At the other end of the spectrum, some of the music, and particularly several of the chorales, feel deeply devotional and rather more in the style of J. S. Bach’s St John and St Matthew Passions. For example, the Daughter of Zion’s ‘Gott selbst, der Brunnquell alles Guten’ features a series of melancholic three note motifs played by solo oboe as well as other instruments. Of course, the Brockes-Passion preceded both of Bach’s creations, and there are several ways in which it influenced the St John Passion, but even when Handel shows he is more than capable of being as ‘pious’ as Bach, he uses his own style to make that ‘piety’ feel unique. In fact, the Daughter of Zion’s ‘Die ihr Gottes Grad’ versäumt’ feels so heartfelt and moving that it goes beyond itself to appeal in a way that a poignant operatic aria might. Perhaps because of Handel’s grasp of drama, Jesus’ proclamation ‘If it is possible / that your anger can be assuaged, / then let this cup pass from me’ feels extremely real, rather than as if it merely represents a stage that he must inevitably go through in a Passion. Interestingly, the accompaniment to the aria that contains these lines feels vaguely reminiscent of Purcell’s ‘The Cold Song’. 

This performance by The English Concert, directed by Harry Bicket, featured 12 singers who, with the exception of Robert Murray as the Evangelist, performed from behind the orchestra. As the Brockes-Passion features a significant number of characters, the majority of them took on more than one role, while everyone came together to deliver the choruses and chorales. Murray sang from the pulpit and, with his warm, bright and secure tenor, did not come across as an authority figure lecturing us on how we should feel. Rather, he felt like a person who was so astonished himself by the incredible story he was relating that he just had to share the news. After the interval, however, his tone did become more sorrowful as Christ appeared before Pilot and then went to his death.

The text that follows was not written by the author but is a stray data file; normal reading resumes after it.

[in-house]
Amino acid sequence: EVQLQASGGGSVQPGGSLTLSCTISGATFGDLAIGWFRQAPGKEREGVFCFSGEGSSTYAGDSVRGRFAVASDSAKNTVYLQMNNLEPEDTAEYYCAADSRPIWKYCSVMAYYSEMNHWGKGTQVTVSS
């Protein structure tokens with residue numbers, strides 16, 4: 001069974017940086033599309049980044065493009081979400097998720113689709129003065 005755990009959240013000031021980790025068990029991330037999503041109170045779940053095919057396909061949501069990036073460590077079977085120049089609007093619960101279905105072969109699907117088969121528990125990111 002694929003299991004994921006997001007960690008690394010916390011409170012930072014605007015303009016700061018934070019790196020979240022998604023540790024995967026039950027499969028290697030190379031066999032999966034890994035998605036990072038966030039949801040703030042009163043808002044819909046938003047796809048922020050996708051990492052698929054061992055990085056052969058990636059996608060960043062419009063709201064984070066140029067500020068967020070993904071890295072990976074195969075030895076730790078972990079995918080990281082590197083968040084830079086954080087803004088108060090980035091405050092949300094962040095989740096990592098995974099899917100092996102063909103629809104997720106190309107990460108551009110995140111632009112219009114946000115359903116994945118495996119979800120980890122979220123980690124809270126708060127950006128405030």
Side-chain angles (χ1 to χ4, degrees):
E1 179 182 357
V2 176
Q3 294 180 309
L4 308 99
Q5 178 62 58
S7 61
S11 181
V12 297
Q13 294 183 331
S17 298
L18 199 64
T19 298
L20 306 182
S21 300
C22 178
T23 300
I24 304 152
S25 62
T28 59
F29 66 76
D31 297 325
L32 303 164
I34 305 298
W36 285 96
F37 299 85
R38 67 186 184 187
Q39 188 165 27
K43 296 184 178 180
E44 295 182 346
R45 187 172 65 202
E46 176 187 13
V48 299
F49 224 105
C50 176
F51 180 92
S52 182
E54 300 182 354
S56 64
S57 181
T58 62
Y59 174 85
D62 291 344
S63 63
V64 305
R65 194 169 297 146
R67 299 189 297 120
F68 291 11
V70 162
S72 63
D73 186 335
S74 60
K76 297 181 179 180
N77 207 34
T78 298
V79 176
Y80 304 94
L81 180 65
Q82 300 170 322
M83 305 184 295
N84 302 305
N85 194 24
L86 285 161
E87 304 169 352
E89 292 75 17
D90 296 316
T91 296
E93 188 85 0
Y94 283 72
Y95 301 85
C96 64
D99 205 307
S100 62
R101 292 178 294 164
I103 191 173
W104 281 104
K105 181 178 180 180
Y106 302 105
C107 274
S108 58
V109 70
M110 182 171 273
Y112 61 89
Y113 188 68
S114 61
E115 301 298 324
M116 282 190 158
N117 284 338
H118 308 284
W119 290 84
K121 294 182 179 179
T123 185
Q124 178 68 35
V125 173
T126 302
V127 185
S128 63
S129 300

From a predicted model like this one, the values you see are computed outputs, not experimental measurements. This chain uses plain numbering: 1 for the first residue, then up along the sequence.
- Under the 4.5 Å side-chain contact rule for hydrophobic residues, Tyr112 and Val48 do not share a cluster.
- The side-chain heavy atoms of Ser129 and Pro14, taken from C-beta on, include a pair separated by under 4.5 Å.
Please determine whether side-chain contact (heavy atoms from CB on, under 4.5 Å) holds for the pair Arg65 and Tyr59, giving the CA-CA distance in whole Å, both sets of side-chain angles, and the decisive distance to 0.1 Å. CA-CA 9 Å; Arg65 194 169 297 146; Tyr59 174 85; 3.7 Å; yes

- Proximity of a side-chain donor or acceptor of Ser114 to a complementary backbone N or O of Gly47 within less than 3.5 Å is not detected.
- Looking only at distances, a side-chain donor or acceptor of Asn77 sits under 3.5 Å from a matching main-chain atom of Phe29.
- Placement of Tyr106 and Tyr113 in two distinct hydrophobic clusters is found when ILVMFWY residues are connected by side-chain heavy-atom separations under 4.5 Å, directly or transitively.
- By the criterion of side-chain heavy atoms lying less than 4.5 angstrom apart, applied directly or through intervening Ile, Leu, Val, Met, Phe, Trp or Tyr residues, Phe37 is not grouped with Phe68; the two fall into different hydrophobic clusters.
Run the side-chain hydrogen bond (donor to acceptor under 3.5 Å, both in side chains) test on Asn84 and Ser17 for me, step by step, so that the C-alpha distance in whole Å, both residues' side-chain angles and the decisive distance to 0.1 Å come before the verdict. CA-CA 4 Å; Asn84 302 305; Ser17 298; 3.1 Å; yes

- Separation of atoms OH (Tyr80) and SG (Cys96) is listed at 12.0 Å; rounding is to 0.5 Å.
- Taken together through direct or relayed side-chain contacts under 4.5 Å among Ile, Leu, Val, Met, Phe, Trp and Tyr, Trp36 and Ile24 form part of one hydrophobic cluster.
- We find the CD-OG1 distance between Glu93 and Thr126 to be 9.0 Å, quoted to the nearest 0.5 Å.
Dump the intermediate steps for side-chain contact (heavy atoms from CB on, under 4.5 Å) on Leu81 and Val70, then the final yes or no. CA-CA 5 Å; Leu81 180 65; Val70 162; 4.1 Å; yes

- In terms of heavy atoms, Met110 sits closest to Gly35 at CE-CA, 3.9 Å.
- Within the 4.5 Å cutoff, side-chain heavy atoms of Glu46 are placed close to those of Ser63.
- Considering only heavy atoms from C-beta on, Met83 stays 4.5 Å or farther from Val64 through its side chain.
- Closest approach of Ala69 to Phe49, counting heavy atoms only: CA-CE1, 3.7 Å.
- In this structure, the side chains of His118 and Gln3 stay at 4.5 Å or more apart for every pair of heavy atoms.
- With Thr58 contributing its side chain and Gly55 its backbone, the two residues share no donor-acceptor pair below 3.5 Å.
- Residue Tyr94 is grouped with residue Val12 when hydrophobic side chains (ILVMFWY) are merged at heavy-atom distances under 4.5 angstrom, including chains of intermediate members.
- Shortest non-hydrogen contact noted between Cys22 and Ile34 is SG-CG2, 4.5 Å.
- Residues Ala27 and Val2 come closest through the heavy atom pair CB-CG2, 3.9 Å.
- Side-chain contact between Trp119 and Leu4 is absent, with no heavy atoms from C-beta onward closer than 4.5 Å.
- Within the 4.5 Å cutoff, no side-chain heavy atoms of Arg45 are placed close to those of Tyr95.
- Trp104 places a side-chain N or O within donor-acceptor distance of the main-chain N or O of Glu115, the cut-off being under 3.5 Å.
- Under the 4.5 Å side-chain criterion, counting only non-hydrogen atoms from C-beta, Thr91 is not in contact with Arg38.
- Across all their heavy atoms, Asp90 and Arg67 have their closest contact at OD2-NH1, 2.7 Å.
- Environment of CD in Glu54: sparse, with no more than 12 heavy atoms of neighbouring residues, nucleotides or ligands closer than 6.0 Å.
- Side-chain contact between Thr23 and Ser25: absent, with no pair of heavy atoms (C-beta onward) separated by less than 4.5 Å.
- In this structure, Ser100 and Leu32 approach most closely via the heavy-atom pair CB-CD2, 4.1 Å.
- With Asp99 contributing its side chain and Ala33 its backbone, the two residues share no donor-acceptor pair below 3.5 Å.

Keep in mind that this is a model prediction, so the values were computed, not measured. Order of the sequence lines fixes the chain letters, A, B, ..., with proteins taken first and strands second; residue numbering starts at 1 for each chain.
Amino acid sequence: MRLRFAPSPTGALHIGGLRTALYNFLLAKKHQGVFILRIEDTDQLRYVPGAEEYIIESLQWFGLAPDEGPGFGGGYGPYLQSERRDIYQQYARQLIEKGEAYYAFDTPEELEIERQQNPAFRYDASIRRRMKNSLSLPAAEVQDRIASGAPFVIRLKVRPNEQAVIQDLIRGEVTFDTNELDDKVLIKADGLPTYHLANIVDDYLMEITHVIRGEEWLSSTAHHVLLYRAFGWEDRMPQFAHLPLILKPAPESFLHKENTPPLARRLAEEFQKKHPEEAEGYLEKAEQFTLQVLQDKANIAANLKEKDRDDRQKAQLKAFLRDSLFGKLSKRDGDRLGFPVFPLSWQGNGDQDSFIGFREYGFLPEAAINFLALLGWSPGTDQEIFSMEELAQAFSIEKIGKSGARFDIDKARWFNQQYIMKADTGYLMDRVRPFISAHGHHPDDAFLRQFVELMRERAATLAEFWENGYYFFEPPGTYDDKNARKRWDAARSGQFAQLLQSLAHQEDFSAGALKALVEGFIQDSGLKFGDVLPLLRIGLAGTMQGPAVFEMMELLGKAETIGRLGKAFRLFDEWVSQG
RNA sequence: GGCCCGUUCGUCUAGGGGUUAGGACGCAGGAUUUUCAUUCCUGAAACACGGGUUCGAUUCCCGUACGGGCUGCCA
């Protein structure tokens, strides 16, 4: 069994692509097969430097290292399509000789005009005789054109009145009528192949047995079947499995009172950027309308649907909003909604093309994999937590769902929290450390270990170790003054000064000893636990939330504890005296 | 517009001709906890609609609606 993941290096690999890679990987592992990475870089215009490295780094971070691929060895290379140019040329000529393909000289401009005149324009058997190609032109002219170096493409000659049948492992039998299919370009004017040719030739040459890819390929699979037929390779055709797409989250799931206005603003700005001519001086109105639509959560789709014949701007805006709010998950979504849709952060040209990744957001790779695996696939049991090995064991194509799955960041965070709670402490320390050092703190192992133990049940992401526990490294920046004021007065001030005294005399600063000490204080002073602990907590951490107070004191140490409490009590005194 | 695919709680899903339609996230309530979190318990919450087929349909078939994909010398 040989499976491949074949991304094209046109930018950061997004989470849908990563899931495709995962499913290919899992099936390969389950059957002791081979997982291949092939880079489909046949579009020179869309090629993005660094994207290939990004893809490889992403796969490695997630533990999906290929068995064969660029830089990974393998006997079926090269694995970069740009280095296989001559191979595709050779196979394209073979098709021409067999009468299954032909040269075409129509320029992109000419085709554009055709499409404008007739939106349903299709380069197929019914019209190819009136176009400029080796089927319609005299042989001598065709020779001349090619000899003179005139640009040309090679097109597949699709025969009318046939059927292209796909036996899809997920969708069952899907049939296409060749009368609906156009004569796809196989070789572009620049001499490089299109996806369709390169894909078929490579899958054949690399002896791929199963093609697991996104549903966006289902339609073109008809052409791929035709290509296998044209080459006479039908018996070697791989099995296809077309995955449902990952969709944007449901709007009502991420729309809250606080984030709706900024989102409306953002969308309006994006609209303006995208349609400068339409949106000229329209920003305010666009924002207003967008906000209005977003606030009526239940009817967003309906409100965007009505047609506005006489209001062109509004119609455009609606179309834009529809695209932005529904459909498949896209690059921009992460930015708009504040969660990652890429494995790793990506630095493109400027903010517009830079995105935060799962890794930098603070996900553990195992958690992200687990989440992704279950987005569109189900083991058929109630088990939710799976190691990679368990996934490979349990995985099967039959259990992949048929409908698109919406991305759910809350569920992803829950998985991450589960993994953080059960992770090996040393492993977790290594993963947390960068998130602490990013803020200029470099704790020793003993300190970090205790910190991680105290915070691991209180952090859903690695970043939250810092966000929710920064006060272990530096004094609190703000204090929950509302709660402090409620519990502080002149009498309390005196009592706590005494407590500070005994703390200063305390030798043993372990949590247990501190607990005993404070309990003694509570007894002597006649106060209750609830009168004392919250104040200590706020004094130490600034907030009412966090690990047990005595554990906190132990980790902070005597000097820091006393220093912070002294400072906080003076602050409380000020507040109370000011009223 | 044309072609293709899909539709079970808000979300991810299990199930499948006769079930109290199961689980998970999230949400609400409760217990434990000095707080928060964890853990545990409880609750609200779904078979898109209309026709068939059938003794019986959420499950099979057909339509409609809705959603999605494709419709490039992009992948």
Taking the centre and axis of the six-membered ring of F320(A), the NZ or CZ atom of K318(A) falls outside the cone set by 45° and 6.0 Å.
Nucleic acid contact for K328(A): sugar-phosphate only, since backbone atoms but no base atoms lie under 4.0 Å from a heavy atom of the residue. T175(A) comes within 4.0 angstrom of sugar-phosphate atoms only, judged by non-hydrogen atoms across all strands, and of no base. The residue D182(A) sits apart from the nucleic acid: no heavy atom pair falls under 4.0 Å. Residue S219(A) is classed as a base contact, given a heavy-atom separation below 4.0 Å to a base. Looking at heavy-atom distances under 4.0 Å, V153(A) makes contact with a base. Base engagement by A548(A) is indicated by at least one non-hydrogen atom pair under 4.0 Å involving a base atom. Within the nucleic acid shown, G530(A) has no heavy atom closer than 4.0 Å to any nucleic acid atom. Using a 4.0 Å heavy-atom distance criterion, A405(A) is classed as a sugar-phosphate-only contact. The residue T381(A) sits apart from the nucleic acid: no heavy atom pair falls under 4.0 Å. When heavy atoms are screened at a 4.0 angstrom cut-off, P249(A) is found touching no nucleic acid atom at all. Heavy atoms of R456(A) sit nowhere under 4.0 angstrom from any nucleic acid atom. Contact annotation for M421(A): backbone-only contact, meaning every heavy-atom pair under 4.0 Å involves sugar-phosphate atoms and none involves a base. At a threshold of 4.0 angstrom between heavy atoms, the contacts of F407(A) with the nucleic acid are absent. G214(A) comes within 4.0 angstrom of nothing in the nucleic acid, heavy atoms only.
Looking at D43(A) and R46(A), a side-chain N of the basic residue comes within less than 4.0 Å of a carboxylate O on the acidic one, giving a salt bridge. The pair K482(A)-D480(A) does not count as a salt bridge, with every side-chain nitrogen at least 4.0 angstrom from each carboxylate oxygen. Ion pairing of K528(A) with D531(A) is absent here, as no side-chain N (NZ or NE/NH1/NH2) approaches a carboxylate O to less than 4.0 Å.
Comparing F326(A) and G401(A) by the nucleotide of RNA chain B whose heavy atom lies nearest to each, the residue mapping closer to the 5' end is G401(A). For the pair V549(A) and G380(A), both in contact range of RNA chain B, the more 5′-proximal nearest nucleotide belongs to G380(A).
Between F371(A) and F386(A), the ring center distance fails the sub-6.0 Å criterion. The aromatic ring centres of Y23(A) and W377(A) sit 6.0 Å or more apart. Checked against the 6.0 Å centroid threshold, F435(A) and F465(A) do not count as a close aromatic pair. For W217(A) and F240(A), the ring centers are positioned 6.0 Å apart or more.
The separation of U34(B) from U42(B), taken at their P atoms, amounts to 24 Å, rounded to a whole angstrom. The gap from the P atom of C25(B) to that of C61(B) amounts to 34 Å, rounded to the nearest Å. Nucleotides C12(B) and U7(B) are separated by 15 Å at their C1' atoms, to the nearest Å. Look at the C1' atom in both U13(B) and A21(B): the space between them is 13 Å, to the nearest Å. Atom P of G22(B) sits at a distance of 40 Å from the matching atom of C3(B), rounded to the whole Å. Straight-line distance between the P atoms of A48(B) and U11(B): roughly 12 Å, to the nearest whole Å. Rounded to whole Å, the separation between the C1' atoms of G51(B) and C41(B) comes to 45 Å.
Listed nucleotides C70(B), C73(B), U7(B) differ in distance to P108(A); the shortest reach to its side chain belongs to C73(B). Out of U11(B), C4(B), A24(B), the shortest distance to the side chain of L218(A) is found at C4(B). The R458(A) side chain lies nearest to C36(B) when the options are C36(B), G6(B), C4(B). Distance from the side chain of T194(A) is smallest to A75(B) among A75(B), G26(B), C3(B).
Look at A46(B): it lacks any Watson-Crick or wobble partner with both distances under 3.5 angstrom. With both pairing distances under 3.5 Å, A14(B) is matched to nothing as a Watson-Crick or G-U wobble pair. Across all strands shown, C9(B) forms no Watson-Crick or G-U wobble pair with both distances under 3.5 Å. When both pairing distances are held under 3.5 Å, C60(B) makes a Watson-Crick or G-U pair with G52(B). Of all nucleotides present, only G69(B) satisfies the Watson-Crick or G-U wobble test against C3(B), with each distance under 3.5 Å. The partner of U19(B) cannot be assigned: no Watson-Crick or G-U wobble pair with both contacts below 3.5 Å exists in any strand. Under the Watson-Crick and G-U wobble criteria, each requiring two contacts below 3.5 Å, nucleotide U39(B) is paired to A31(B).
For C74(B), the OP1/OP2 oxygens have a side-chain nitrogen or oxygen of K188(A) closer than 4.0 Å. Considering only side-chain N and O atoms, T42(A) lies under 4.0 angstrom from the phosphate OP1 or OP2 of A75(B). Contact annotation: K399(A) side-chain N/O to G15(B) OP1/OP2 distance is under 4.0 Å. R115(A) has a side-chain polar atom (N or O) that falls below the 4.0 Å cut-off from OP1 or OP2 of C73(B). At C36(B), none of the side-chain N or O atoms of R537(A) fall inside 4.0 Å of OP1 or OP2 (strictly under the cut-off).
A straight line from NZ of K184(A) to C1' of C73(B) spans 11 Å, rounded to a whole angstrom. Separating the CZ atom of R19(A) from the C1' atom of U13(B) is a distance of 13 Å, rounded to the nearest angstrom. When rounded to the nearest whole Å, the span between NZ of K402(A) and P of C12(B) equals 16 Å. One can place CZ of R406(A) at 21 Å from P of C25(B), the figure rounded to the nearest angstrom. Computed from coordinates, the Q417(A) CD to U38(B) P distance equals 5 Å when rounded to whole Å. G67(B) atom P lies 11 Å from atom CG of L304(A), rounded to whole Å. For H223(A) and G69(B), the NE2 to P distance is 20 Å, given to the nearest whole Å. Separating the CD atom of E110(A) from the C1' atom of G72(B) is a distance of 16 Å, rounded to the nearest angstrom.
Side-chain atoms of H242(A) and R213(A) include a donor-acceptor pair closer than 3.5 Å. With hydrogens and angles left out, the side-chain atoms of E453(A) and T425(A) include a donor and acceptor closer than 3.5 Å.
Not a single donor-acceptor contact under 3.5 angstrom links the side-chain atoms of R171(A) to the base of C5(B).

As Jesus, Ashley Riches offered a deep yet nuanced sound that, when coupled with his sensitive approach to the lines, made for a profoundly moving performance. As the Daughter of Zion, Hilary Cronin’s well shaped soprano was possessed of a glistening quality, and just the right level of depth. She also demonstrated the flexibility that the part requires, so she could follow the extremely tender aria ‘Die Rosen krönen sonst der rauhen Dornen Spitzen’ with the fiery recitative ‘Verwegner Dorn, barbar’sche Spitzen!’. Nardus Williams gave a stirring performance as the soprano Faithful Soul, capturing the emotional starkness of the aria ‘Hier erstarrt mein Herz und Blut’ without ever indulging in histrionics. 

Jess Dandy brought her rich alto to the role of Judas, while, as Peter, Josh Lovell’s tenor stood out for its suppleness, clarity and ability to shape phrases. Morgan Pearse applied his striking baritone to the roles of Pilate and Caiphas, and, in terms of acting, offered the most committed performance of the evening. Finally, Lauren Lodge-Campbell’s soprano revealed such a beautiful combination of sensitivity and security as she sang Mary that her duet with Riches, when she asks why her son must die, made for a deeply moving occasion. 

• The 2024 London Handel Festival continues until 20 April. For details of all events and tickets visit its website.